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Waiting for Love3 min read

26 February 2009 3 min read


Waiting for Love3 min read

Reading Time: 3 minutes

Three couples; three different versions of love. What is your idea of love? What do you feel when your boy/girlfriend asks you to get married? Will you be happy? Afraid? Do you even want to get married?

Waiting for Love presents an open debate between the traditional custom of marriage and the idea of co-habitation as an alternative means of matrimony.

A line that recurs during the film is, “People become different after they get married.” These three couples are stuck in limbo of a long-stagnating relationship and what seemingly comes after that – marriage.

It is interesting how the director, James Lee, maintains the anonymity of the characters by not giving them names. He also uses the same location throughout the film, merely changing the characters in it. By doing so I feel he is bringing out the fact that it is not whether you co-habitate in the same place or other material things that sustains the relationship; it is the people in it.

People who have gone through relationships would know that initial stages of a relationship is always the most exciting. Things only start to breakdown and previous plans for the future change after a being with each other a long time. In the case of Waiting for Love, it is through co-habitation that the couples discover this.

This film is a brilliant depiction of reality. The mundane life and the dragginess of each day allows the audience to be engaged in the emotion as well. Sometimes there are pockets of great silence, other times are just spent quarrelling. As the film provides situations in which love can breakdown, we are forced to question our own relationships, if you have one.

The first way, illustrated by couple #1, is an emotional breakdown of a person in the relationship. In this case, it is the female who is problematic but this can happen the other way. Her hostile attitude and her irresponsible behaviour towards the daily chores of the house is evident of her indifference towards the relationship. She voices out her reluctance of getting married due to fear. Though she gives no more elaboration on that, perhaps it is due to fear of being burdened with responsibilities.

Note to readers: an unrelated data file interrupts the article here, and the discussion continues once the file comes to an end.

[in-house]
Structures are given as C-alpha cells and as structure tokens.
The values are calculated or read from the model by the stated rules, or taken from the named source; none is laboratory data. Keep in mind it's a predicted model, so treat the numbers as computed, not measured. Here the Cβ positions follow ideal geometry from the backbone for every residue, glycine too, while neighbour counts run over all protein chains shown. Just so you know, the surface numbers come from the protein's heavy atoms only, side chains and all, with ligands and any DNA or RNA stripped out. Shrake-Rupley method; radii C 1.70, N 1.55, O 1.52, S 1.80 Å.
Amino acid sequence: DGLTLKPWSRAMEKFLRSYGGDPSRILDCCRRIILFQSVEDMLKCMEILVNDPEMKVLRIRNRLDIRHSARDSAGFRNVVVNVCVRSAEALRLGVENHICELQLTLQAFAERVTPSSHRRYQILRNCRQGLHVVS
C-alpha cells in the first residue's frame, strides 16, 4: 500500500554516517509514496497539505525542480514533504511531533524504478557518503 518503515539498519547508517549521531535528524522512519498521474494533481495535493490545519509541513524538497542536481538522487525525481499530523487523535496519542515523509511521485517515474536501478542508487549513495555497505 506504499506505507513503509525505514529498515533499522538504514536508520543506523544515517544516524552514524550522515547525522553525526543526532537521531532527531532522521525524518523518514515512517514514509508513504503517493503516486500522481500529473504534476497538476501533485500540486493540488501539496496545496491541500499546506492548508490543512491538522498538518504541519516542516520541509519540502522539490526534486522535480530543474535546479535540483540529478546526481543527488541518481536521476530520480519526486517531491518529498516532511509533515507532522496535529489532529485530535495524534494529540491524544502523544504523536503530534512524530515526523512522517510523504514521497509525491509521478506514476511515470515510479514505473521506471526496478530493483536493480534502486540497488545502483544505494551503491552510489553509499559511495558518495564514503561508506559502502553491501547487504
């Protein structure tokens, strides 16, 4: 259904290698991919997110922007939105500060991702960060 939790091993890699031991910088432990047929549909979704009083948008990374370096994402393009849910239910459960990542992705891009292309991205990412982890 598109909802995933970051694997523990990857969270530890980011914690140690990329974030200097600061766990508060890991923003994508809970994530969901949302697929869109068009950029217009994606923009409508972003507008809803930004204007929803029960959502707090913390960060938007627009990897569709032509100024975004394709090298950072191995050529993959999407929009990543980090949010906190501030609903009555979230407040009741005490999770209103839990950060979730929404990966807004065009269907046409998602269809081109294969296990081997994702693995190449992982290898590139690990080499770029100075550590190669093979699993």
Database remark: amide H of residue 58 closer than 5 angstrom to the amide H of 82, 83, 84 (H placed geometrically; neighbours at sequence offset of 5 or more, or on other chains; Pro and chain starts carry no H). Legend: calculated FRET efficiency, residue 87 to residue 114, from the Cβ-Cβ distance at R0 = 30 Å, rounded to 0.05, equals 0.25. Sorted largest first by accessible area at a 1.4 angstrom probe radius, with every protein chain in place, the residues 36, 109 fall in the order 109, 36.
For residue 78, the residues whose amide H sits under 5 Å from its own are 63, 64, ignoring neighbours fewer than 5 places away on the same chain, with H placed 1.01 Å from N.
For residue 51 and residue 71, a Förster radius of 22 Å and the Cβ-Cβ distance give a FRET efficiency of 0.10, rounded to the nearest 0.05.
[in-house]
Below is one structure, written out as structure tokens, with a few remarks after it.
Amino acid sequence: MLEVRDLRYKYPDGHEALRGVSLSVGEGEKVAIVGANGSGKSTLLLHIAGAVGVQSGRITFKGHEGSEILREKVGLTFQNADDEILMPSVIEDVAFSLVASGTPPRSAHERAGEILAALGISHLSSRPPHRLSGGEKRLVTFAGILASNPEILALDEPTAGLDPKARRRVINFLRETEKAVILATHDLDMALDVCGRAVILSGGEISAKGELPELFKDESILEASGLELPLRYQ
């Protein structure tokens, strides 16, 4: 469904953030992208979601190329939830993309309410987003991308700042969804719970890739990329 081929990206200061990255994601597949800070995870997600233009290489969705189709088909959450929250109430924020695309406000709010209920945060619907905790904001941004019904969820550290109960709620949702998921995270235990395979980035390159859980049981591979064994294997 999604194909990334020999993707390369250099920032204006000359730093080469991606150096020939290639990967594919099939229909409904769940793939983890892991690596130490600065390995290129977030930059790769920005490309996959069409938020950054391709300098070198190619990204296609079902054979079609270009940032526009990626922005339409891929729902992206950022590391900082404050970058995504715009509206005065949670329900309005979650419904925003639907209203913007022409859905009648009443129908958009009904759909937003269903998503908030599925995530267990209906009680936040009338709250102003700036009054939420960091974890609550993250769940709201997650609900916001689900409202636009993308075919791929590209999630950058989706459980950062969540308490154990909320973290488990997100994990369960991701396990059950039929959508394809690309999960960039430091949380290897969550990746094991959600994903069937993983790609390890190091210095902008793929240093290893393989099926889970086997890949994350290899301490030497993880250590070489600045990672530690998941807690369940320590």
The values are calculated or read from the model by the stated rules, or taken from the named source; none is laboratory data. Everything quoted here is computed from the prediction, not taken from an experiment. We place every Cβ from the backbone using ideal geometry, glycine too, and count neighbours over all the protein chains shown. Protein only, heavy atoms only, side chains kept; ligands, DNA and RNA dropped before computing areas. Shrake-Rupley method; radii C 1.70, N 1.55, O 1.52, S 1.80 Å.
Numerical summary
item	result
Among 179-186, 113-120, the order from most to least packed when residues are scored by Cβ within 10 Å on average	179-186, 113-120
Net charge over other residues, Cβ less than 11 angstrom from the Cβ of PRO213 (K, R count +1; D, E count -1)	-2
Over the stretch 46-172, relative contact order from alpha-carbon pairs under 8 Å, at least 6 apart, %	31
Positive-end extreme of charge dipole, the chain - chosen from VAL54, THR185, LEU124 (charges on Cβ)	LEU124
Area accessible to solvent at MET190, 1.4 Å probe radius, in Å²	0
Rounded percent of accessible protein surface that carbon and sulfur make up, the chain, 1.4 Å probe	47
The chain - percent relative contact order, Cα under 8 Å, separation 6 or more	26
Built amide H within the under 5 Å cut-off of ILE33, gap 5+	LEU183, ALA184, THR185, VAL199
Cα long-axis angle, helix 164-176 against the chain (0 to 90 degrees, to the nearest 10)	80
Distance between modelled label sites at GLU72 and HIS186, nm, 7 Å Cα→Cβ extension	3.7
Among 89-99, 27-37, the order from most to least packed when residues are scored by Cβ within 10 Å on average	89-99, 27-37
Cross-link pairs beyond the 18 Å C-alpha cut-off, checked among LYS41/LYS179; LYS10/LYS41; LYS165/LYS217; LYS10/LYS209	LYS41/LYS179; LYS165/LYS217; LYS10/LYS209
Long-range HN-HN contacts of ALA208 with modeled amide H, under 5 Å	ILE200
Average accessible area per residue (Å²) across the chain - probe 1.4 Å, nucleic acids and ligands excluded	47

Couple #2 consists of a domineering but good-for-nothing man and a career woman. Here, it is the man who refuses to marry her by confessing of a promise he made to father never to marry a woman who cannot speak proper Cantonese. They show apparent signs of love and compromise until, well, the making out portion.

Finally, couple #3. Laying the bare facts on the table about their views on getting married may seem like dead end for them. However, it is this honesty that might change everything.

Another commonality between the three couples is the act of making out in order to make up. Of course, at the juncture for the couples, no amount of kissing is going to invigorate them to love each other more or get married for that matter. I could go on talking about sexual desires and the sacredness of marriage but I think there’s enough material in real life to tell you the various different stances that people have.

Ultimately, the film reminds us that it takes two hands to clap for relationships and, I would dare say, even friendships to work.

The film seems to provide an alternative for those fearful of marriage. However, I feel this alternative of co-habitation cheapens the untainted notion of love being about commitment and faithfulness. Co-habitation seems to me as just a suspension of the fantasy of puppy love.

Waiting For Love will be the last of James Lee’s love trilogy screening at the SinemAsian showcase, ‘Filem Bagus!‘, held at Sinema OldSchool, on the 28th of February 2009. James Lee is set to feature in the special edition of SAMPLIFY! at the end of the screening.

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